Welcome Folks, Here you will find the list of Best Welding Helmet – 2020
Whether you are farming, fixing appliances, as an experienced and professional welder or a hobbyist, when you work with metal, sooner or later you need to weld something. If you’re welding, then safety gear is of paramount important. One of the things that you NEED is a welding helmet to protect your eyes from the arc. The UV rays that are emitted from the arc can cause serious problems with your eyesight.
Be sure “No one needs a welder with bad eyesight!” and “Safety always comes first“.
Our Top Picks
Best Welding helmet 2020
It’s critical to invest in your safety but you should understand the risks of the job, and to do your job safely and effectively, protecting your eyes in the best way possible is not a waste of money!
What follows is our list of “Best welding helmets – 2020” available on the markets that will last for years, giving you the maximum utility and value.
Modern welding helmets are light, offer high tech features, and can even make you look great. The right welding helmet not only makes the job safer, but it also makes a tough job easier.
These are the “Best Welding helmets – 2020” for those who do MIG, TIG and arc or stick welding.
List of Top 12 Best Welding helmets of 2020:
Lincoln 3350 Series: (Best Welding helmet)
Lincoln says it designed these welding helmets to offer a blend of comfort, versatility and premium optics. The Viking 3350 series is Lincoln Electric’s top line auto-darkening hood with a 1/1/1/1 optical clarity rating and real-world colors. Most welders who buy this helmet are very happy with the optical quality as well as the variable shade levels from 5-13.
The design is optimized to distribute weight across the helmet to improve balance and make it feel lighter. Some users complain that the knob to tighten the headgear won’t stay tight, meaning it slips off sometimes when bending over. This auto-darkening helmet has an adapter to fit onto a hard hat.
The 3350 series comes in colorful styles ranging from racing stripes to robot heads and skull designs. The 1.2-pound weight isn’t the lightest helmet on the market, but the big viewing area means more glass and that adds weight. Everything comes with a cost. Lincoln Electric is one of the most highly-regarded welding equipment companies in the business, favorite of professional.
This welding helmet comes with 4C lens technology. How does it work? It will let you view clearly and more especially When trying to use the active/inactive state or the grind setting.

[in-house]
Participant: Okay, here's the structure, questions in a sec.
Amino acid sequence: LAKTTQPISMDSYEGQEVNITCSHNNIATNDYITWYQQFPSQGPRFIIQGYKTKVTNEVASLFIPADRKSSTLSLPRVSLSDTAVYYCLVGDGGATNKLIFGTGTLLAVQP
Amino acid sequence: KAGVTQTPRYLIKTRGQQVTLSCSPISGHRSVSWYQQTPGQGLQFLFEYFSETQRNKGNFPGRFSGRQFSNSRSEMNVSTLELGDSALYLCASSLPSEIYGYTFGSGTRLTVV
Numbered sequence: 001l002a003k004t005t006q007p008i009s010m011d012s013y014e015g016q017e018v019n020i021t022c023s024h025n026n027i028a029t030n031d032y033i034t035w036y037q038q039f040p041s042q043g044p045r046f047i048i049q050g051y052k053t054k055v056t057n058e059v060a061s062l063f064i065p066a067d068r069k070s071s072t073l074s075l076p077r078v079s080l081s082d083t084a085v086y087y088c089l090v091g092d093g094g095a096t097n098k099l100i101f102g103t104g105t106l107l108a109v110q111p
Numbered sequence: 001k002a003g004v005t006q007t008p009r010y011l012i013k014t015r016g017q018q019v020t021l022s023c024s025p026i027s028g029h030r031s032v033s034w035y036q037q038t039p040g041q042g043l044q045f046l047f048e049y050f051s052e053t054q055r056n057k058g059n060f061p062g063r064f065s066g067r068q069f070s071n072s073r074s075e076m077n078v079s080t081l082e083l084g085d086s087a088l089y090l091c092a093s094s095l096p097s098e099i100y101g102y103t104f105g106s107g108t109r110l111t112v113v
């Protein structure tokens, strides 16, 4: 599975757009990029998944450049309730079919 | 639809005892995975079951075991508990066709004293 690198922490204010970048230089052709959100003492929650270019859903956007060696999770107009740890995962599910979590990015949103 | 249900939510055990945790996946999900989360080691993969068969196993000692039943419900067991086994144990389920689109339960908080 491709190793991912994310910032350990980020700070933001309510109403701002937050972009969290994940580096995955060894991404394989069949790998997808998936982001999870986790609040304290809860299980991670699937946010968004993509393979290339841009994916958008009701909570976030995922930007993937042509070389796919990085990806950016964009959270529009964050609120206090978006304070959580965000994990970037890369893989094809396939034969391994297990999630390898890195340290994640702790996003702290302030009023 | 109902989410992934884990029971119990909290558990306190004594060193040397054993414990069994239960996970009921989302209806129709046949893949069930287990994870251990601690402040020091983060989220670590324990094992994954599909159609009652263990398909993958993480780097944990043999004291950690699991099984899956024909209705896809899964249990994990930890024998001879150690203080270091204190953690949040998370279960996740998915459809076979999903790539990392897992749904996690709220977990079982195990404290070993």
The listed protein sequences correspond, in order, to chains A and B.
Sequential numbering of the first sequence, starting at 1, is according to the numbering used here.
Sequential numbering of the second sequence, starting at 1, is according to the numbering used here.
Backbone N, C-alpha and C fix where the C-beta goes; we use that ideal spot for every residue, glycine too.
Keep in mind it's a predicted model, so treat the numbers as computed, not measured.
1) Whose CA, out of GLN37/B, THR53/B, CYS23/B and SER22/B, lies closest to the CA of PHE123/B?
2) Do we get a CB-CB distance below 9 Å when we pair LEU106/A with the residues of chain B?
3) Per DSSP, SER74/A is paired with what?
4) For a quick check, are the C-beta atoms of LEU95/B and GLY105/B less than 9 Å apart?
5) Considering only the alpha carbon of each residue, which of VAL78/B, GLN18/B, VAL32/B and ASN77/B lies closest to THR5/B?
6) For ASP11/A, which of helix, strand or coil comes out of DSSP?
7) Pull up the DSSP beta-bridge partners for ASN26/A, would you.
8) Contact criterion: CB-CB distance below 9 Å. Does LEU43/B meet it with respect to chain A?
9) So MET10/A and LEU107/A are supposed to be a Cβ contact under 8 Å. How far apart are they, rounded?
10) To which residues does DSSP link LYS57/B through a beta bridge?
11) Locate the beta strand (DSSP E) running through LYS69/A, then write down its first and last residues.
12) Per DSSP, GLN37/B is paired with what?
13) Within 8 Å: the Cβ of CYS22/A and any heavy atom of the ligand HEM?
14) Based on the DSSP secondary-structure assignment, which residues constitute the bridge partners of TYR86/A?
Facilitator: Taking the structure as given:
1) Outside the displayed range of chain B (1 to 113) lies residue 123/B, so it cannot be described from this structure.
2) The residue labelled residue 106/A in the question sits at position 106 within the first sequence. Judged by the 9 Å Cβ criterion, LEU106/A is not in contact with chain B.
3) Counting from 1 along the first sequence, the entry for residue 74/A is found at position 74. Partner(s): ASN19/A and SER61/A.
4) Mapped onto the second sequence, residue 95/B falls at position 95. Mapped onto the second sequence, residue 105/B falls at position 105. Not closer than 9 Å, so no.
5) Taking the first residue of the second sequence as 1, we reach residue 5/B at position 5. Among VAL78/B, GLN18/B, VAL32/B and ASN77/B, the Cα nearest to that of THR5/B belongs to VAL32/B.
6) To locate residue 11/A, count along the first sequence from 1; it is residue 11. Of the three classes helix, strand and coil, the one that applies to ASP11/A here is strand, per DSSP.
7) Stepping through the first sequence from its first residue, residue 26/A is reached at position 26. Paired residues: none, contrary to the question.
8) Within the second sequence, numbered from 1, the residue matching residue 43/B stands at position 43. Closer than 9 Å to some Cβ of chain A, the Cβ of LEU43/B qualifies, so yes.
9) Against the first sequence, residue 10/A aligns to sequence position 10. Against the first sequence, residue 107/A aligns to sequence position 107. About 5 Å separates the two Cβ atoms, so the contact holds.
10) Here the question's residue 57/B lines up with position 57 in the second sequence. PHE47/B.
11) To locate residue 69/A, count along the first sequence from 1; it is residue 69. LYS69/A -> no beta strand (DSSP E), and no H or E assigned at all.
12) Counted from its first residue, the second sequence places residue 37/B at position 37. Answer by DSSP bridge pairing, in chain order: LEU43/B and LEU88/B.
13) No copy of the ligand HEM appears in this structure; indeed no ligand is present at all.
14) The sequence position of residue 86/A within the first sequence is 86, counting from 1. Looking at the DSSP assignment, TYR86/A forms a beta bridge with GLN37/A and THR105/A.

Lenses and better movement:
This model includes all the lenses along with a bandana, which is wearable under it if you desire so. I also noticed that it is a pivoting helmet, allowing you to move freely when wearing it, moving as you do.
Lightweight and easy to use:
If you’re working, the last thing you would want is a heavy helmet. It will not just be a bother to wear and move around but it can also be frustrating to focus on the job with it. You don’t have to worry about that by wearing the welding helmet that gives you more freedom to move without any hassles. More so, it has straps and padded areas, adding to the ease of use it has to offer you with all the time you’re working.
- Viewing area: 95 mm x 85 mm
- Lens Classification: 1/1/1/1 optical clarity rating
- Switching time: 1/25,000 (Sec)
- Delay control: 0.1 – 1.0 Fully Adjustable
- Power supply: 1 CR2450 Replaceable Battery
- Battery life: 2000 hours
- Warranty: 3 Years.
3M Speedglas 9100:
There’s no doubt 3M Speedglas 9100 is one of the best welding helmets on the market, It’s comfortable, clear, and stylish and has a large viewing area. The side windows in this helmet are probably the best feature and will give you amazing visibility of your surroundings which can make welding much more enjoyable. It’s been designed for comfort, too.
It’s pretty lightweight and has two adjustable head straps to keep it secure, along with a padded headband and a swivel-mounted smooth ratchet system. The helmet fits head size of 50 to 64cm, and the carefully thought out design helps to ensure it’s comfortable for long periods of time.
The Speedglas 9100XX is a good choice for Stick, MIG, for TIG and also has exhaust vents to help reduce heat and steaming up.
When welding, it’s usually best to have the windows closed, as open ones will cause weld burn with high amperage.
If you’re cutting, grinding, or wanting to look around with your helmet on, the windows are an excellent feature unique to this helmet.A particular highlight is that this helmet can be used for TIG anything as low as one amp, giving it a broader range than most helmets.
Lightweight and easy to use: